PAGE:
Monday, April 27, 2015

MS

When I was rotating through neurology as a medical student, one of the patients on our inpatient service was another medical student from the class above mine who was having a multiple sclerosis exacerbation.

I really have to question her decision to come to the hospital where she worked to be treated for her condition. But that aside, a lot of the things she told me about how she was treated sort of blew my mind.

Apparently, several of her attending asked her if she had ever considered switching to another profession. And honestly, it seems like it would be very hard to get through medical school and residency with multiple sclerosis, but that's her decision. It's not the job of her attendings to question her on that.

Apparently, one attending got very upset at her and told her she needed a psychiatric evaluation because she had attempted to hide her condition. In all honesty, I think it's fairly obvious why she tried to hide it.

8 comments:

  1. It's a thing among (especially senior) doctors to try to dictate who THEY think should be doctors. Annoying and unasked for, really.

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    1. Although they already kinda do that with the interview/admissions process...

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  2. Sometimes students don't really get a choice if they want to be covered in-network. I know our insurance requires us to seek care at our own university hospital/health centers. I saw other med students I knew (in the halls) when I was hospitalized and first diagnosed with bipolar disorder - one told me all of them saw me on the census too. So much for the anonymity they promised.

    Imagine what those attendings you mentioned would say if I disclosed my condition, even though I am well-managed now and haven't had any symptoms since...

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    1. It seems they could admit a medical student/professional with a pseudonym similar to how we admit injured gang members under false names to avoid in-hospital gang wars.

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  3. For all the HIPAA training physicians get, I'd also like to add that I have seen people in this profession afford their own colleagues (and students) absolutely no respect for privacy. … Not entirely related to your point, but upsetting. … And I think physicians (I am not quite there yet, but I will do it to) like to assume more knowledge than they really have about any one condition and how given person should be handling it. You would think exposure to such a breadth of patients and presentations (there is nobody who is "average") would allow a wider view … It just doesn't. … The course of MS, as we all know, varies quite a bit. Of course with that diagnosis you can't predict what path your own disease might follow. I personally greatly admire and respect someone who chooses not to put their life on hold, not to limit their own achievements. … Not the same thing but a student was dying of cancer when I was in college. He chose to keep attending until near death. Some people questioned that decision. (Come on people, is there no limit to our willingness to judge other people's personal decisions?) … I thought it was so admirable that he was so sure of the path he was chosen that he wanted to be on that path as long as his health would allow. We can never know what decisions we would make in another person's position. If they are not doing something to harm others we should really just be reminded of the health we enjoy and lend moral support to those facing bigger obstacles. ...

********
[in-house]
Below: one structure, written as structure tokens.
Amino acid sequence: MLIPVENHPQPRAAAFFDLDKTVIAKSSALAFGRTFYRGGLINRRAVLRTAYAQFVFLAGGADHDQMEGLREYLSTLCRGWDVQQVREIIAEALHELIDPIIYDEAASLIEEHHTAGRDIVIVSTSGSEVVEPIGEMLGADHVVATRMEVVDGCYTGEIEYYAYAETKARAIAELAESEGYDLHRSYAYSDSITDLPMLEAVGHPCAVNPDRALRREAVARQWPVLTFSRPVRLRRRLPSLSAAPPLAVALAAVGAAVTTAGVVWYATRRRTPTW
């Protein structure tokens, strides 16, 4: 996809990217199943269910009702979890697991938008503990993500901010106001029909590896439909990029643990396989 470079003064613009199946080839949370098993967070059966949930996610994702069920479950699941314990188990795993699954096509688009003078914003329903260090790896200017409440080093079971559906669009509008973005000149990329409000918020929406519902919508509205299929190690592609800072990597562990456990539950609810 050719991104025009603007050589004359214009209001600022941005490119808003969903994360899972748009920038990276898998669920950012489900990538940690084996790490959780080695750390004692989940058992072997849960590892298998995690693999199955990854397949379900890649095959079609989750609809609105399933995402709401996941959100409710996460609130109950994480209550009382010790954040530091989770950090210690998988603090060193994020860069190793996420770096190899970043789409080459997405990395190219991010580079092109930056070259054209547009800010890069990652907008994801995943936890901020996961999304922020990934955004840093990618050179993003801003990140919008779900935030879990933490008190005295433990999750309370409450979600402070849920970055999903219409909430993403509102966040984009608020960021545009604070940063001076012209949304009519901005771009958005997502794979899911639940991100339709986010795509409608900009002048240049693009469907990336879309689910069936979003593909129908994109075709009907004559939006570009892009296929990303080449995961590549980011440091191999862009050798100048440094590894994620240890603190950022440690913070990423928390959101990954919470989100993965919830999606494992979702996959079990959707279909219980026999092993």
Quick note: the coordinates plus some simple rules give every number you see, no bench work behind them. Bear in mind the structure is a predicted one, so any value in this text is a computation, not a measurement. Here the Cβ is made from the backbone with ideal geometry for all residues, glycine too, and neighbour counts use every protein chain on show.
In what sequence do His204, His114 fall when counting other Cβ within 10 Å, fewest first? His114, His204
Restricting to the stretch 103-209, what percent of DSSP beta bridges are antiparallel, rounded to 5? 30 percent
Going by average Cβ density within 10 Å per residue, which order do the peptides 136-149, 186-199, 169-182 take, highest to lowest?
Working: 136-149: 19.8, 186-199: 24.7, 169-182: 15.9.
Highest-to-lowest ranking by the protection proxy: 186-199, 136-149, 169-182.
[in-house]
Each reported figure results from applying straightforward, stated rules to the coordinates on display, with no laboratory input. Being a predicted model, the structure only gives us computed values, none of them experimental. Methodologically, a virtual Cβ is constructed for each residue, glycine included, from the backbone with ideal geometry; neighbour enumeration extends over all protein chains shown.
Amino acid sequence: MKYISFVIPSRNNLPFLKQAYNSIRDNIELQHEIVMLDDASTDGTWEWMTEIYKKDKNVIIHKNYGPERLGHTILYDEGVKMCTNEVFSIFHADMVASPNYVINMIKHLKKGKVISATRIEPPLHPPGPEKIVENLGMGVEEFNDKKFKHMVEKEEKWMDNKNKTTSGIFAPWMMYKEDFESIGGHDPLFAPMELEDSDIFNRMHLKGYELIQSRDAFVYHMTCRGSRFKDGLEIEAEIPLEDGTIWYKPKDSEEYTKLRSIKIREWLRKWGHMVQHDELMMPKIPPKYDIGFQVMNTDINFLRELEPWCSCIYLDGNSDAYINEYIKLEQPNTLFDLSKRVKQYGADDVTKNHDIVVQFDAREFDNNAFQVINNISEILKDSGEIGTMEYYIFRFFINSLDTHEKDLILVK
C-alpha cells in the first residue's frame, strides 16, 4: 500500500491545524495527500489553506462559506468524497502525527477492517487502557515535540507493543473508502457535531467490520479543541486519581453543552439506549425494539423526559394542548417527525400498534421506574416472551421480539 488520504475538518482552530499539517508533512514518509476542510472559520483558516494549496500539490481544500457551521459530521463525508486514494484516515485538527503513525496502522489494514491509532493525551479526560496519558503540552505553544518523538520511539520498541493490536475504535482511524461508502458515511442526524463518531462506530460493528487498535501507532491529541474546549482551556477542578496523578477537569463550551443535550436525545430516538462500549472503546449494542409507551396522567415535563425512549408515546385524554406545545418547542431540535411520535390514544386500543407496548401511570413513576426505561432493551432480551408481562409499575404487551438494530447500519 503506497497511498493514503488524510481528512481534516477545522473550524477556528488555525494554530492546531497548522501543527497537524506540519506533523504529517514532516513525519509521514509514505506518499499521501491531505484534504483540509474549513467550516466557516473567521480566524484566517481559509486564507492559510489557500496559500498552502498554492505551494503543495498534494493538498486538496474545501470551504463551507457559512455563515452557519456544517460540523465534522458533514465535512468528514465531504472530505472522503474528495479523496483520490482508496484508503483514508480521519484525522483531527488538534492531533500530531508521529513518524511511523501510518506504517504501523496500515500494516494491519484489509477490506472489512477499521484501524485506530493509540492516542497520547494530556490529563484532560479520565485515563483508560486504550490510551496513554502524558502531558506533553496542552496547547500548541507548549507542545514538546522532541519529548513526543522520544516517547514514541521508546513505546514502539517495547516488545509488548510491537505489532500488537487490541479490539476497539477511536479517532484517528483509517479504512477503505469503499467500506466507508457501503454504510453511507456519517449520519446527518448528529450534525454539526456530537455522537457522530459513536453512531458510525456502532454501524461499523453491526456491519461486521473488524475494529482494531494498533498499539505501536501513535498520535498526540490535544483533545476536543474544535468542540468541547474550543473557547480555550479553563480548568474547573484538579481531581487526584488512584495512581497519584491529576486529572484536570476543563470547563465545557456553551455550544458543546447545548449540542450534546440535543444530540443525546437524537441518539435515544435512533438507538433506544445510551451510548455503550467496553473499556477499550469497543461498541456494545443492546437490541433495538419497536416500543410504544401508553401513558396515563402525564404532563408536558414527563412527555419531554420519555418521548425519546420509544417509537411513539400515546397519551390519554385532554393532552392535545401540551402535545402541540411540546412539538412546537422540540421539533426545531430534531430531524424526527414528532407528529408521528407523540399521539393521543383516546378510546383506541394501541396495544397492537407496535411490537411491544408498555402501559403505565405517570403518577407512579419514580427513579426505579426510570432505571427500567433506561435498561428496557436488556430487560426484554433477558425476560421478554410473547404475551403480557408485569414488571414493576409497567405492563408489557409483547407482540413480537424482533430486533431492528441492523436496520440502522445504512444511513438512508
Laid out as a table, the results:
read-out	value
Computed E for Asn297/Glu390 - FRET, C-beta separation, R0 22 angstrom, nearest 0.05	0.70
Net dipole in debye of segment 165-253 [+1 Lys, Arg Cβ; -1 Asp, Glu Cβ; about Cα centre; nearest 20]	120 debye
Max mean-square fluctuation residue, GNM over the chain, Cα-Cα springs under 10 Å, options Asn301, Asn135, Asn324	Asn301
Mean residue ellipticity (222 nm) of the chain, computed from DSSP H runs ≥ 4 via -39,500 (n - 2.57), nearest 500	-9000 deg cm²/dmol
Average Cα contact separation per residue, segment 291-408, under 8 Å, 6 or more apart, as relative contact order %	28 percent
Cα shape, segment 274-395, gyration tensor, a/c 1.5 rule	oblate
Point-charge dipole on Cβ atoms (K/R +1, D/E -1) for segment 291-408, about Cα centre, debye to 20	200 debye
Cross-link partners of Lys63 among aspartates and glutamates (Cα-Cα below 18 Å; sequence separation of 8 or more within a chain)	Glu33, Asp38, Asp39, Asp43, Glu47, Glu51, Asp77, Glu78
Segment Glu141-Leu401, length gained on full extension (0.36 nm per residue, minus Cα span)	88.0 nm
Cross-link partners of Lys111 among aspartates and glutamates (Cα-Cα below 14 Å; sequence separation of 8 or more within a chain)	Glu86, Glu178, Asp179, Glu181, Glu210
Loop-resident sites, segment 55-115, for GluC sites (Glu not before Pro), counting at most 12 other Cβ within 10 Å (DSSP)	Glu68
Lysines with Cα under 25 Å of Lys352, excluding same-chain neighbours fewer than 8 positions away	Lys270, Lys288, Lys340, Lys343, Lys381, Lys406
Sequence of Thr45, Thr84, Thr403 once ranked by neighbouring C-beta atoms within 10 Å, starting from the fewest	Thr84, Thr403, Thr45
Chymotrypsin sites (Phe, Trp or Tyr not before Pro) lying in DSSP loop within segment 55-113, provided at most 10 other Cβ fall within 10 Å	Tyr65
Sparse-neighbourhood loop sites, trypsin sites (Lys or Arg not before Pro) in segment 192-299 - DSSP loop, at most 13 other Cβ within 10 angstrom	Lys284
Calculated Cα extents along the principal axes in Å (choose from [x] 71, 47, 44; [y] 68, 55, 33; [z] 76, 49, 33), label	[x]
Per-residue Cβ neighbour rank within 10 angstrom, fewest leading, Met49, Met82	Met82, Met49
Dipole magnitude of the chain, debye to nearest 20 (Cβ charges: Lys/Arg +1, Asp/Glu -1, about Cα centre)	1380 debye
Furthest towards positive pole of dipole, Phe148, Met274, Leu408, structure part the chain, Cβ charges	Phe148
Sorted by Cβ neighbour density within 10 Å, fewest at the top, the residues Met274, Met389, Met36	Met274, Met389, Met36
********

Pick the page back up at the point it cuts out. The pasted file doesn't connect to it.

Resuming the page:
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  4. I am surprised that they ADA didn't rip them a new one. Ask a patient, we don't care what you look like, if you know your stuff and give a crap, we'll take you. Gasp some patients have physical problems, handicaps, and suspect highly that if had some human docs that had that too, we'd know we had someone who understood what it was like. I guess that still hasn't gotten through to the medical profession: common sense? LOL

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  5. I was diagnosed with cancer during medical school and, when applying for a medical leave of absence to do chemo, the medical school administration questioned why I would be going to a different hospital to receive treatment when their oncology program is well regarded. I responded "no offense, but I'd rather not have my student peers and supervising attendings seeing me in that vulnerable of a position." Plus, it's breast cancer and I've had enough awkward breast exams for one lifetime (med students at the hospital I did go to), without all of my classmates seeing my chest!!

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  6. I think it is actually worse with a chronic pain condition (Ehlers Danlos Syndrome). I have had many physicians (attendings and specialists I am seeing as a patient) tell me that a) It is nice that you made it this far...but maybe you should look at doing something else or b) Hey, research is a great field or lastly c) Suck it up/it is all in your head

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